“The last witch hunter” is a 2015 movie starring Vin Diesel and Rose Leslie (Yrgitte for you “Game of thrones” fans) and Elijah Wood, another iconic name for us geeks. Vin Diesel is an immortal witch-hunter who must stop a plague from ravaging New York City. The score was written by one of my favorite composers, Steve Jablonsky. It’s always exciting to get a new release from him. This score is released by Milan records.
I am caught completely by surprise by the tender and heartfelt overture of “I curse you with life”. But this is a bold, 8 minute long opening cue which has time to develop and start the story. We don’t get many scores that open with such mammoth cues lately. Cues like this, if they appear, are usually left towards the end of a score when the listener has had time to connect with the music. Well Steve Jablonsky does things differently and saved an 11 minutes cue for the end. “I curse you with life” works like a suite of fantasy music. Since we are thrown right in the middle of the exciting action I guess it means we will not get a theme in this score.
The pattern for the cues is classic: melodic opening followed by a buildup and explosion. The music has a lot of electronic sounds in is as you would expect from Steve and I found some echoes of his Transformers scores in here. Nothing wrong with that, but this makes the score sound without identity at times. I guess this would be my biggest problem with “The last witch hunter”; entertaining as it sounds, it doesn’t set itself apart from similar scores we’ve heard in the past few years.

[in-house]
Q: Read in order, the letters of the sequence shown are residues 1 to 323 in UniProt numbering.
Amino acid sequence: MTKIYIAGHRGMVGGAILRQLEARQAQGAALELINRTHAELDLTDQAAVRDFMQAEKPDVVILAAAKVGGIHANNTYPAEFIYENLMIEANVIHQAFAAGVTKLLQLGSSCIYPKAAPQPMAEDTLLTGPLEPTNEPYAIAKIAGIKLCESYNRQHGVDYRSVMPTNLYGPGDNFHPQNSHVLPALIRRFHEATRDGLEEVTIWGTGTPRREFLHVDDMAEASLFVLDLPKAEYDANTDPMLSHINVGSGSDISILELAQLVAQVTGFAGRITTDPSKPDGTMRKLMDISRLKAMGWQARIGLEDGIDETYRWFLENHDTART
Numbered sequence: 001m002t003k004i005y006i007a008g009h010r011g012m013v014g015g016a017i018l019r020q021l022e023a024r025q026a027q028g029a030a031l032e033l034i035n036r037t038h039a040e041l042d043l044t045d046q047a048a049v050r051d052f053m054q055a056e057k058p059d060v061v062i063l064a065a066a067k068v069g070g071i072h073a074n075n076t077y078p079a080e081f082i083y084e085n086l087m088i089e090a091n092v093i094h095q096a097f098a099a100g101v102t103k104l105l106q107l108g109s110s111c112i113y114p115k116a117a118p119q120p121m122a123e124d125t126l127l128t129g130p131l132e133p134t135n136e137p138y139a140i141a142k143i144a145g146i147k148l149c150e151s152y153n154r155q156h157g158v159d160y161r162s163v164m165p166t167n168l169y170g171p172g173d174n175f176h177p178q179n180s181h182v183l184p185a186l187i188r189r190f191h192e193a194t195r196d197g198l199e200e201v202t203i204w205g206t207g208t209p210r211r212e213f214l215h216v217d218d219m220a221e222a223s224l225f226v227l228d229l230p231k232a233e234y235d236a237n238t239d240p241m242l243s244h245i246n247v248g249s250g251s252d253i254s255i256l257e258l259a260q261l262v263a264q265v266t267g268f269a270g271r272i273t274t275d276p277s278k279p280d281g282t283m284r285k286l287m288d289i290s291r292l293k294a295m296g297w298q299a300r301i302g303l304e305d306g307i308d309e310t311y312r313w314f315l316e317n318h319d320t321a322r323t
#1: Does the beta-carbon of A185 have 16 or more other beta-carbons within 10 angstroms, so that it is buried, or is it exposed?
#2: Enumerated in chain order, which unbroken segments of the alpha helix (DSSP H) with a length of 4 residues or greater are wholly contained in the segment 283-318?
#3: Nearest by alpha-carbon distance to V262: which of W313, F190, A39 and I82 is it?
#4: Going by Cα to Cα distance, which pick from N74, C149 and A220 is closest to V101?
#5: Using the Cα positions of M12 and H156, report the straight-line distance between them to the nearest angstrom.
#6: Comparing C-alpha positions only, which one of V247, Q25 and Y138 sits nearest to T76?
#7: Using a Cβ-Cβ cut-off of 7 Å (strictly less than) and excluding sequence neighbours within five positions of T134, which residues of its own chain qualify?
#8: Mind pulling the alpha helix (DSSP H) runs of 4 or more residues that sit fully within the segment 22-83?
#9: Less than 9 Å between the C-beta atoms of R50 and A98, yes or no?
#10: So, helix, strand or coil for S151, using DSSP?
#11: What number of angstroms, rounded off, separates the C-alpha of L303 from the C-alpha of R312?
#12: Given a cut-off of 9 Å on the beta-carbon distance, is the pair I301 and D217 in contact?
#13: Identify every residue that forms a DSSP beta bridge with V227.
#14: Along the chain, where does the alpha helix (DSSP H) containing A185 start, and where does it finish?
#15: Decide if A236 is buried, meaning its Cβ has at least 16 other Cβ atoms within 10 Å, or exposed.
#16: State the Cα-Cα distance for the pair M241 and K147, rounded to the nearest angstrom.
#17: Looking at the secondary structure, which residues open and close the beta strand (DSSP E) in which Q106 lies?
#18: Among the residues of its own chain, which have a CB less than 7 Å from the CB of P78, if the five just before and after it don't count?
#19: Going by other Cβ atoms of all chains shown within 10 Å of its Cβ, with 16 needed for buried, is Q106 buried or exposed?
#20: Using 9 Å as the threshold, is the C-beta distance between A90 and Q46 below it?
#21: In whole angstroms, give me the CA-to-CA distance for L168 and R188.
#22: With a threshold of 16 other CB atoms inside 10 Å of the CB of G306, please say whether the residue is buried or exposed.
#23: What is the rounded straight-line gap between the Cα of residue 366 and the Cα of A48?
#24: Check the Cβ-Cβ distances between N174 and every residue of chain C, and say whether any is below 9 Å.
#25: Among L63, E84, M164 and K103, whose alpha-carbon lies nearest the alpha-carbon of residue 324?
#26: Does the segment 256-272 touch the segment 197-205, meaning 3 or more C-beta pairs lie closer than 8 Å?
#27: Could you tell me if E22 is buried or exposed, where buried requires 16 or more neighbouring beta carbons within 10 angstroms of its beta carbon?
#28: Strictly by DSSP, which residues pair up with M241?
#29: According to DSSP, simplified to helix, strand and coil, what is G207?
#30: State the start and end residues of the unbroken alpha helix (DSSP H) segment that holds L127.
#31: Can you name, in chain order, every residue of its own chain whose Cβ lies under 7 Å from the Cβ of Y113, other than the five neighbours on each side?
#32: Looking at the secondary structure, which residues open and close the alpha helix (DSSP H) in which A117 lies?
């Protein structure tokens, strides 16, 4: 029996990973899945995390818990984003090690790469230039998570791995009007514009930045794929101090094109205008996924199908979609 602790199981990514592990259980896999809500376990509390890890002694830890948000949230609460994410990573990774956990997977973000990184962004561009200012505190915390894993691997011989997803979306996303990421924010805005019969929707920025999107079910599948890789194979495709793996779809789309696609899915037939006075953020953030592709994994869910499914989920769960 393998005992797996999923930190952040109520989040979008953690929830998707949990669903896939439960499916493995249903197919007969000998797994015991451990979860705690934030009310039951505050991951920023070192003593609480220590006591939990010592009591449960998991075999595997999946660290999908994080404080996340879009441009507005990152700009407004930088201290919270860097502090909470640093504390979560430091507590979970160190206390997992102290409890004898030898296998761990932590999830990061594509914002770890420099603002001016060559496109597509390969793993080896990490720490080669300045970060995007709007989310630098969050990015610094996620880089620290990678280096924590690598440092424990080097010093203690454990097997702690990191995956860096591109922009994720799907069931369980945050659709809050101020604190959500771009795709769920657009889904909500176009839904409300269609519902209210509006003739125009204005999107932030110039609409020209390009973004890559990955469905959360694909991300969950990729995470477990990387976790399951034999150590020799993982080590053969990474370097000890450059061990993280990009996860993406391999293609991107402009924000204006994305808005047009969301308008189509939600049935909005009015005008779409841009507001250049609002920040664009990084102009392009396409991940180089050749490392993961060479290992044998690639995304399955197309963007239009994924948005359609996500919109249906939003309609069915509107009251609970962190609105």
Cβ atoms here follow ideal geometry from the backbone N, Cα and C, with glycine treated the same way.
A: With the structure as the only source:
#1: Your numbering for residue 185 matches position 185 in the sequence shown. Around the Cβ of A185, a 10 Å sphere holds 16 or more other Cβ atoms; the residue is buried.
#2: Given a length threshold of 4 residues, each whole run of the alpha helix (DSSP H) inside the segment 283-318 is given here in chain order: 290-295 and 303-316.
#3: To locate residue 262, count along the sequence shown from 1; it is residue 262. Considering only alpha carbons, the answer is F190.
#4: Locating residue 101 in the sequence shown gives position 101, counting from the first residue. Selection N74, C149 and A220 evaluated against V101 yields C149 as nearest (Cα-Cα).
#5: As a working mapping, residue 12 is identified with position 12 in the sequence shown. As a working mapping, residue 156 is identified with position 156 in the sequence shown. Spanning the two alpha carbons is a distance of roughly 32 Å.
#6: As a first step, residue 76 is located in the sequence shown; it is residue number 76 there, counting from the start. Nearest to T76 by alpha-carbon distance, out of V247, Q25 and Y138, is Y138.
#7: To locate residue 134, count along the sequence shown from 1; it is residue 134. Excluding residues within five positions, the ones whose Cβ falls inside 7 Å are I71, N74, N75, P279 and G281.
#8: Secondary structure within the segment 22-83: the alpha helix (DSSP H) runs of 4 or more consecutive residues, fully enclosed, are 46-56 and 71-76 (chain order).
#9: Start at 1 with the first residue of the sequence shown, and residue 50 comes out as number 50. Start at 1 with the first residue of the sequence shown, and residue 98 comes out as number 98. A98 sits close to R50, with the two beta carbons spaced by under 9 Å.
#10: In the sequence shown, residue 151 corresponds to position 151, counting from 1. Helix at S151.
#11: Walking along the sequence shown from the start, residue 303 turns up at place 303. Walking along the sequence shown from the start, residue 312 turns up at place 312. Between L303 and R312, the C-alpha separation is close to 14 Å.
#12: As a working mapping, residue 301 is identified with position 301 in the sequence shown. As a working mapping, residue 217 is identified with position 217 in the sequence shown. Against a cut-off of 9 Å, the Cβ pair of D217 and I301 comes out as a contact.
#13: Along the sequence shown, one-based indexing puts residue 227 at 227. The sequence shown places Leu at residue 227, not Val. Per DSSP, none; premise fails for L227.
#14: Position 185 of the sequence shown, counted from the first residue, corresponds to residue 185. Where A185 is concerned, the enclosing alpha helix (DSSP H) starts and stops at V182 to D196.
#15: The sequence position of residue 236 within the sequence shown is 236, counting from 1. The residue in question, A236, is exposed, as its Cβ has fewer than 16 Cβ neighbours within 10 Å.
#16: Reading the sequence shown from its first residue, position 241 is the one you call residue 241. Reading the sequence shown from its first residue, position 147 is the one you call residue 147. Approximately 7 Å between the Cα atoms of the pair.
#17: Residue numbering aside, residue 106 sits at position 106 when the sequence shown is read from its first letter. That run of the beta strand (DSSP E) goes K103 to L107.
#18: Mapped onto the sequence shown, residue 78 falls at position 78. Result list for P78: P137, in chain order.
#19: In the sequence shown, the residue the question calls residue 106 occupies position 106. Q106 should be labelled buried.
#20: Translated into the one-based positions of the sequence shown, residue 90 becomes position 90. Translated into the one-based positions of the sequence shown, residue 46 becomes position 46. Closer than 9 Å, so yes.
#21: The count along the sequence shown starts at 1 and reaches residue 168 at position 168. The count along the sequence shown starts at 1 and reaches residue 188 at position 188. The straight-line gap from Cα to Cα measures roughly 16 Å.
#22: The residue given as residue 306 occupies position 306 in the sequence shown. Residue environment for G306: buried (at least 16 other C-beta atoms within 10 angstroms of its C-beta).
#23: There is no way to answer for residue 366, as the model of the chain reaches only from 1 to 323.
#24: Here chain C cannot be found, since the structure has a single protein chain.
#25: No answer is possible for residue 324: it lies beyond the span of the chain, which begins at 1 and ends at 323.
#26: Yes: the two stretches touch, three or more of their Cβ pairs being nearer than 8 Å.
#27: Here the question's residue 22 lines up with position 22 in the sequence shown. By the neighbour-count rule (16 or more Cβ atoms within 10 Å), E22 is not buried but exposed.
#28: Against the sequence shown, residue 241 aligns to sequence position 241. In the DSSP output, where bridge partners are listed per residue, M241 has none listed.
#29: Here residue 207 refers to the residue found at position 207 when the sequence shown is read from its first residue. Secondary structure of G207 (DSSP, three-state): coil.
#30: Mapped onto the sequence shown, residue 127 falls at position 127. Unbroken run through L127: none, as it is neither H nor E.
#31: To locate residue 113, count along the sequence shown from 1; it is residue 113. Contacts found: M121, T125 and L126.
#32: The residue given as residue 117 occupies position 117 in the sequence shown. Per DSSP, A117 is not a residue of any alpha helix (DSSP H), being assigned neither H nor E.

The beginning of “Well hello, witch hunter” finally shoves me and makes a statement. The momentum doesn’t carry on unfortunately and the score returns to its generic fantasy horror sound. We have the moody melancholic moments, we have the bursts of energy and we have the haunted past punctuated by the piano. One of those moments “This isn’t real” ends up as my favorite from the score.
Fans of the genre will like this one. “The last witch hunter” is not a memorable score, but it’s easy to remember because you know the sound very well. This paradox and a few exciting moments scattered through the cues is what I take with me after listening to it. Oh and I am also left with a strong desire to listen to Alan Silvestri’s “Van Helsing”.
Cue rating: 79 / 100
Total minutes of excellence: 7 / 65
Album excellence: 11%
This isn’t real
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